Friday, November 18, 2011

Planning or Preparation?

Each year churches and other Christian groups spend a great deal of time on strategic planning.  They consider their environment, assess their resources, and make goals for three, five, or ten years into the future.  Unfortunately, most of this is wasted effort.   Current realities change so quickly that it is difficult to know what will happen next week much less years into the future. 

What’s the alternative?  In Great by Choice, the new book by Jim Collins and Morten Hansen, the authors address the question, “Why do some companies thrive in uncertainty, even chaos, and others do not?”  The answer is not simple, but an illustration early in the book reflects some of the characteristics of organizations that prosper in uncertain times.

The authors tell the story of the competition between Roald Amundsen and Robert Falcon Scott in 1911 to reach the South Pole.  Amundsen’s team succeeded, reached the Pole, and returned home safely.  Scott’s team finally made it to the Pole, only to find the flag of Amundsen’s native Norway planted there, and died in the return trip. The difference was in the preparations that Amundsen made.  He trained his team for the physical stress they would face, he learned from others (such as the Eskimos), he chose his equipment carefully, he developed redundant systems for safety, and he did thorough research.  In summary, he made good use of his resources and prepared for the unexpected.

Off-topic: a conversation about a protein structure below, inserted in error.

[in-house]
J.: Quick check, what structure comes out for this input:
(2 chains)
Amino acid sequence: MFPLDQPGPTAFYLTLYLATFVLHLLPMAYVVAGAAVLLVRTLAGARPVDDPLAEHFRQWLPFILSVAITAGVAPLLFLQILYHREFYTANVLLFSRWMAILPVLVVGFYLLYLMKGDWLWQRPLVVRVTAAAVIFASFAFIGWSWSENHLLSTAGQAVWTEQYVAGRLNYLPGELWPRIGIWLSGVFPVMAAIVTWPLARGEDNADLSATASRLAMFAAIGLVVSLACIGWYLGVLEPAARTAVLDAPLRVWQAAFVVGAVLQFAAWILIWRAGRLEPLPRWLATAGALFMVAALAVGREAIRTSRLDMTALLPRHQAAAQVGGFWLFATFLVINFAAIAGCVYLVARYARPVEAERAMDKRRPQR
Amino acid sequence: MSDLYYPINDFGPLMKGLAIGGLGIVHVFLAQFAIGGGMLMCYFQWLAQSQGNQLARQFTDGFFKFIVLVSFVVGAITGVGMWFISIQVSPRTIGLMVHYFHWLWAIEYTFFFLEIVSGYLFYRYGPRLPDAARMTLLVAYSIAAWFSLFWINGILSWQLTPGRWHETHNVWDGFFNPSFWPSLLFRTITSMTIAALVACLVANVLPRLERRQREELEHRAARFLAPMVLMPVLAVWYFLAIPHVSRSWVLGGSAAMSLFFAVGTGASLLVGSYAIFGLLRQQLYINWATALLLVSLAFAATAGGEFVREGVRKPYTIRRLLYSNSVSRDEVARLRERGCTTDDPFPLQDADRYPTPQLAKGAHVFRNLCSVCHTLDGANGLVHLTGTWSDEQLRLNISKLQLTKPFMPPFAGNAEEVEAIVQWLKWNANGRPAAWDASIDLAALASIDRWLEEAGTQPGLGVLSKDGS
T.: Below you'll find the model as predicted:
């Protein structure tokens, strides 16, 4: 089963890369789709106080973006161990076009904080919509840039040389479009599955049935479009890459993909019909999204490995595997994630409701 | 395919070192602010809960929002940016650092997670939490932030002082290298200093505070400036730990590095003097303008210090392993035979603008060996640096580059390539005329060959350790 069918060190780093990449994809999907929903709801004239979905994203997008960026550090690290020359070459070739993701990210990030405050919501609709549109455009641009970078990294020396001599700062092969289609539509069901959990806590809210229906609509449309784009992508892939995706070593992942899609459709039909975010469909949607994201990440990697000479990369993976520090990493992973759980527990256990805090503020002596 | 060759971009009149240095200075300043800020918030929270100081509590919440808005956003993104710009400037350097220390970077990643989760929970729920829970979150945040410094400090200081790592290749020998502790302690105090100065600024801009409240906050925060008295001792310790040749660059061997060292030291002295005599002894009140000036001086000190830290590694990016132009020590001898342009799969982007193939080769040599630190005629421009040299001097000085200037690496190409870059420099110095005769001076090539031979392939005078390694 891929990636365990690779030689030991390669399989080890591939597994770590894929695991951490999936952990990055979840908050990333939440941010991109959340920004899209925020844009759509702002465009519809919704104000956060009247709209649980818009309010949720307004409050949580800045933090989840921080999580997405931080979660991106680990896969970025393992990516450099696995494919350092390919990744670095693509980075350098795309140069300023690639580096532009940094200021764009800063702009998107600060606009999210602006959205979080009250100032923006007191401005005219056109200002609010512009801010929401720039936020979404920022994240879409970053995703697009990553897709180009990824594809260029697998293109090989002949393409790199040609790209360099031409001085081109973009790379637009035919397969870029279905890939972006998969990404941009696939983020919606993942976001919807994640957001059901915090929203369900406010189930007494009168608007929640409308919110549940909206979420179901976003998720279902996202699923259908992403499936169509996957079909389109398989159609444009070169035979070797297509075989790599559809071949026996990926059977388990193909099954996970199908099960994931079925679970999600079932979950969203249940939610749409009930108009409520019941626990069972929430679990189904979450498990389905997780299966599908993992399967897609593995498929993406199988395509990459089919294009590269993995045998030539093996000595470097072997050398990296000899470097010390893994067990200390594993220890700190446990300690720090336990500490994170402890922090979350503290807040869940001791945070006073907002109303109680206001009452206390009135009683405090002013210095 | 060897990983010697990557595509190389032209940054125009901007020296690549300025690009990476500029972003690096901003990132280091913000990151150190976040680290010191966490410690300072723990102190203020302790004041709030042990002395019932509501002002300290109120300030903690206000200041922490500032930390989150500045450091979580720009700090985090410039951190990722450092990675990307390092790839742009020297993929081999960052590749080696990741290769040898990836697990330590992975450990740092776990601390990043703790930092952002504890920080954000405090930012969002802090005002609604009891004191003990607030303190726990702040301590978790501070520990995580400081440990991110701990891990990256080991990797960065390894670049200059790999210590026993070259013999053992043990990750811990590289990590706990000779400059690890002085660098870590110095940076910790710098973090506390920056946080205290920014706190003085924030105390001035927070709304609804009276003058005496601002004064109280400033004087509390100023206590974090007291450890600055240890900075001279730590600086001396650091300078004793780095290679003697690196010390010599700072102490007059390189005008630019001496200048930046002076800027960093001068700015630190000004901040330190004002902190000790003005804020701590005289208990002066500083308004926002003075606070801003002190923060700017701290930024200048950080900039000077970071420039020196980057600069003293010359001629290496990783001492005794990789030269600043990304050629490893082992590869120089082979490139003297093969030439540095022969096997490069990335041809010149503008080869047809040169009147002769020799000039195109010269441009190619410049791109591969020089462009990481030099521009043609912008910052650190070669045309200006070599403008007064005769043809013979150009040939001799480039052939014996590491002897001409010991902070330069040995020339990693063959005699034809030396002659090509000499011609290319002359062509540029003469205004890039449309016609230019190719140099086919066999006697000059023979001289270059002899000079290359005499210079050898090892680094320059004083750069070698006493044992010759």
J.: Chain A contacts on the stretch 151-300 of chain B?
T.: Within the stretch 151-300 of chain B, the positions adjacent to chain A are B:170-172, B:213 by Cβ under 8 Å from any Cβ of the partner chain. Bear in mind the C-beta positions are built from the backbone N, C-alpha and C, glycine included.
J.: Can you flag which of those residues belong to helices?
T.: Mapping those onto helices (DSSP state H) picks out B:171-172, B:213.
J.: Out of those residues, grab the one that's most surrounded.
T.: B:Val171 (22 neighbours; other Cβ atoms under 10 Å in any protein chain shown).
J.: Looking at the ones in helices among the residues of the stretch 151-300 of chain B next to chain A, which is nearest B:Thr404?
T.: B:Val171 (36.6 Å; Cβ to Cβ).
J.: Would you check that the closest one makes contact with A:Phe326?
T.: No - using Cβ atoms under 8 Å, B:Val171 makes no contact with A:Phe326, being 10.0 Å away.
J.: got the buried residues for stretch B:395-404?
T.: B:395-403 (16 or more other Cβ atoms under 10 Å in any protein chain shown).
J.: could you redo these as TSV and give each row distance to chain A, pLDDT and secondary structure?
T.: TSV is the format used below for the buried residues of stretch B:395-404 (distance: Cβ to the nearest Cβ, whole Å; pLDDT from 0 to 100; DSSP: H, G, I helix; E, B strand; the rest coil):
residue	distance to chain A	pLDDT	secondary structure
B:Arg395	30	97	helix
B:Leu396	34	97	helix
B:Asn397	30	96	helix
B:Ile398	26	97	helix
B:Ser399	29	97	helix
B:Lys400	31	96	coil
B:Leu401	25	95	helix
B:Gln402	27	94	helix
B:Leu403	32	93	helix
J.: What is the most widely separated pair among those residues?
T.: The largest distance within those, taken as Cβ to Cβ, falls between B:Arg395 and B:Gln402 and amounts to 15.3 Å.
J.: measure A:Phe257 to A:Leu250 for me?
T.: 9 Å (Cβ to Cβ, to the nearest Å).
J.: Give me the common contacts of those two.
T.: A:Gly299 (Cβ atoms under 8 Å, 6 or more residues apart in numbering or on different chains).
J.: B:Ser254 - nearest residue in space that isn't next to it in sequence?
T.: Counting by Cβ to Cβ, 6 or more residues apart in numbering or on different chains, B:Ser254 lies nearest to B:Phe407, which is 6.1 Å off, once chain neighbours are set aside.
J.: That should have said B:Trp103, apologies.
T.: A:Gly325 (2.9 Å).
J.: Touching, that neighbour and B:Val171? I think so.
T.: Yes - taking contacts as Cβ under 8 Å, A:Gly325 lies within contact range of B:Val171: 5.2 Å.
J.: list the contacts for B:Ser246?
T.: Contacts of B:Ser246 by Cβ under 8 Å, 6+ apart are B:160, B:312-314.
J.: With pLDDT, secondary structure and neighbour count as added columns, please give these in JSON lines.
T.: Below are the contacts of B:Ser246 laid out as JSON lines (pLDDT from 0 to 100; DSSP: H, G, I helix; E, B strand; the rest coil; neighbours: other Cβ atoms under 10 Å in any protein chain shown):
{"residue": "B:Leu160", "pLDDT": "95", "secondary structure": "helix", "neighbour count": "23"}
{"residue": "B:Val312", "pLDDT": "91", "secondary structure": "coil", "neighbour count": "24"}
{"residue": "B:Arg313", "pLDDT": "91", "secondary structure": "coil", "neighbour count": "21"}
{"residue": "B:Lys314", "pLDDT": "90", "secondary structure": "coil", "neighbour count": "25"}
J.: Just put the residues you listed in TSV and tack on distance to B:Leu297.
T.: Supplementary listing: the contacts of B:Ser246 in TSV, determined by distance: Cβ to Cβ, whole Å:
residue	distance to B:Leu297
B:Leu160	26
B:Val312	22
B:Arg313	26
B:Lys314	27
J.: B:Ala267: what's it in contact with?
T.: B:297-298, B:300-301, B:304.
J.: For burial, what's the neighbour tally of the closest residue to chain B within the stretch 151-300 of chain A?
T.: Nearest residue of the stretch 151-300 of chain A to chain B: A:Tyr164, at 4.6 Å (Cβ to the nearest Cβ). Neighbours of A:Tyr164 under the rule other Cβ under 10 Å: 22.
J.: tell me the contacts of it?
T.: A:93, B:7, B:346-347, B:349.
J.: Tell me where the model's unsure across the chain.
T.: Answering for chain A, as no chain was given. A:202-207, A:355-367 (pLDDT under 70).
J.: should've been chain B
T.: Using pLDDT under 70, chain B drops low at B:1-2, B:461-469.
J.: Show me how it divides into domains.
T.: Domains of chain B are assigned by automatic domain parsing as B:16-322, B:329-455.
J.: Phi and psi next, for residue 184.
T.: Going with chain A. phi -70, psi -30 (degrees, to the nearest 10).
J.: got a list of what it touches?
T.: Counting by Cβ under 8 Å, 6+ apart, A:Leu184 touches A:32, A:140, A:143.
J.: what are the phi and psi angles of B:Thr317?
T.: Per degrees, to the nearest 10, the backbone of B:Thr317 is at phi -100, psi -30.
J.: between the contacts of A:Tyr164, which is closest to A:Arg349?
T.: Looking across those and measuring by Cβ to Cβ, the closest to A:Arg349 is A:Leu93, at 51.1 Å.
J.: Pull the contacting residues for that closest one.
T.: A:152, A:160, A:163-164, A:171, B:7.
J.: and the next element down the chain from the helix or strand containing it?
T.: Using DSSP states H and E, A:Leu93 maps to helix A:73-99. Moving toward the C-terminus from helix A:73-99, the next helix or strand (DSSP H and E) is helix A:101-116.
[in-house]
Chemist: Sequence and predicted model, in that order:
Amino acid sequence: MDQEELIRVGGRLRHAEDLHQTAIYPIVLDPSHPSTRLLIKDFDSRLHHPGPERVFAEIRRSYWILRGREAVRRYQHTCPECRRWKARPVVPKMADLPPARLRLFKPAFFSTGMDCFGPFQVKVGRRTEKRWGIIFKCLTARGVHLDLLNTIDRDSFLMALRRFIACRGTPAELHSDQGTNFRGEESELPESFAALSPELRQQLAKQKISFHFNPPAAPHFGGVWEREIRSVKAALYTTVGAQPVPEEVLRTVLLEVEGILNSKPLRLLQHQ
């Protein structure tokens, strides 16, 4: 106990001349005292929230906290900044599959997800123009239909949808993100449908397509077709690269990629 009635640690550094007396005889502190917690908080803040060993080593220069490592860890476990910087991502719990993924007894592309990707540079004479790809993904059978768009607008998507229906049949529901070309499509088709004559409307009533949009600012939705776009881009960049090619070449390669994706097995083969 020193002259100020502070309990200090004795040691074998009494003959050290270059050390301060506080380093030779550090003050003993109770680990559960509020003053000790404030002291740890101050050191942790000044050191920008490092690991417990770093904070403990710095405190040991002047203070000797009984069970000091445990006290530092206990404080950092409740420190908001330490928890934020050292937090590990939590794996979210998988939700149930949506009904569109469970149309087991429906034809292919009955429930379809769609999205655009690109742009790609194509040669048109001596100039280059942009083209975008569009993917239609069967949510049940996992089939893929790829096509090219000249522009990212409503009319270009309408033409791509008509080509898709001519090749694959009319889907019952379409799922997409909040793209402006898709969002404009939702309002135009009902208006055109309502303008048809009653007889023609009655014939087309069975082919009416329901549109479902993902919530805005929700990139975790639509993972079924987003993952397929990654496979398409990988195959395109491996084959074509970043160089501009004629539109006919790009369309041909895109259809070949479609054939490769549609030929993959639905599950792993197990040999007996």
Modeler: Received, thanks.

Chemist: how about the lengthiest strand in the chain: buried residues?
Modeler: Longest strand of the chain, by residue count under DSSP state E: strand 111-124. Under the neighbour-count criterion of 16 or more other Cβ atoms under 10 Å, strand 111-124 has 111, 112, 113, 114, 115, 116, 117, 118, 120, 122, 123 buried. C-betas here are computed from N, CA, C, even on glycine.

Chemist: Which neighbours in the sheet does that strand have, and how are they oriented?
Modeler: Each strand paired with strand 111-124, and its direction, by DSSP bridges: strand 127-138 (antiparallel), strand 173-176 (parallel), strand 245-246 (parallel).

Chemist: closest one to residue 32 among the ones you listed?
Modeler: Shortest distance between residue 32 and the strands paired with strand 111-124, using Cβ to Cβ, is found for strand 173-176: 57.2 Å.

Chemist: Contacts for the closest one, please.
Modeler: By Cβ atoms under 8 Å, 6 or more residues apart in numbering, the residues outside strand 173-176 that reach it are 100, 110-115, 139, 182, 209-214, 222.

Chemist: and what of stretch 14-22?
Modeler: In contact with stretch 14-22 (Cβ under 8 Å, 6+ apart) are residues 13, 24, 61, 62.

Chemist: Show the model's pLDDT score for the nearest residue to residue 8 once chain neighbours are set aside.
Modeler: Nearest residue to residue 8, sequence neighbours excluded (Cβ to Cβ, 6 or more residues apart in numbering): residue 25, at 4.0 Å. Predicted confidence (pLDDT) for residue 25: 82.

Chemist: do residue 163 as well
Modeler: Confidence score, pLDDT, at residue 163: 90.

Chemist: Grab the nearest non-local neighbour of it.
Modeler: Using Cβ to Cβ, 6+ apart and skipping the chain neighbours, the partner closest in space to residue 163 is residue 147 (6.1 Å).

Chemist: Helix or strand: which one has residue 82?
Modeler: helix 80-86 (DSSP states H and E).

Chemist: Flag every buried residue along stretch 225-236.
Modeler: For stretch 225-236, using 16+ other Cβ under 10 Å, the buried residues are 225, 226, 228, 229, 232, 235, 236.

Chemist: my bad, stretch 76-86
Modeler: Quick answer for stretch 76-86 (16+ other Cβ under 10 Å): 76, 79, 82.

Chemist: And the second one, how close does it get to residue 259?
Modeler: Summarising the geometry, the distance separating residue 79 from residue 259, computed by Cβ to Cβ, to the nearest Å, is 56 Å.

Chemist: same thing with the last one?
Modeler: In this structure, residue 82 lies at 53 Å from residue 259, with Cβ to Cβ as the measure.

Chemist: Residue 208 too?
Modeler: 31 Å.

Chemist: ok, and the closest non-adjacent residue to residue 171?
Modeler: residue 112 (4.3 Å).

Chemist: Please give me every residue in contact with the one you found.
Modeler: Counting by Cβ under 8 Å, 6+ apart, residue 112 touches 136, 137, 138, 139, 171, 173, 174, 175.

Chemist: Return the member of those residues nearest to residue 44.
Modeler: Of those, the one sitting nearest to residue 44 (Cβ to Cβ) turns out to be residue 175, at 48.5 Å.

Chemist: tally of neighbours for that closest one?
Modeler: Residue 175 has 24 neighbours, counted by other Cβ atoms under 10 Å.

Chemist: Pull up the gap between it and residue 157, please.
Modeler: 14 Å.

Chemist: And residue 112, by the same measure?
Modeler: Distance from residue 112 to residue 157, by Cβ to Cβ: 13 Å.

What does this mean for the church?  Drawing from Collins and Hansen’s approach, let me suggest four things that we need to do.

First, we need to develop our people so that they will be prepared to lead and minister.  This involves helping them discover their gifts, embrace their talents, develop their skills, and exercise their opportunities.  We do not need programs to face the challenges that are around us but gifted, motivated, caring individuals.

Second, we need to learn from others.  This includes the churches that may not be like us (even the megachurches), business leaders and consultants (like Collins and Hansen), and socially conscious entrepreneurs.  Their experiences can give us the insights we need to prepare for the changes that will certainly come our way.

Third, we need to face the reality of the world we find ourselves in.  The church no longer holds a preeminent place in society.  Our “competition” is not other denominations or megachurches but a secular society that often does not value what the church has to offer.  The game has changed, and we must be willing to accept the challenges that brings.

Fourth, we need to be clearly focused on our mission.  We need to know what business we are in and pursue that business.  Does a specific activity contribute to the growth of the kingdom of God? If not, why are we wasting our time on it?

Although we may not know what challenges or opportunities the coming weeks or months may bring to the church, we can start developing our people, learning from others, facing reality, and sharpening our focus in order to ride that wave.





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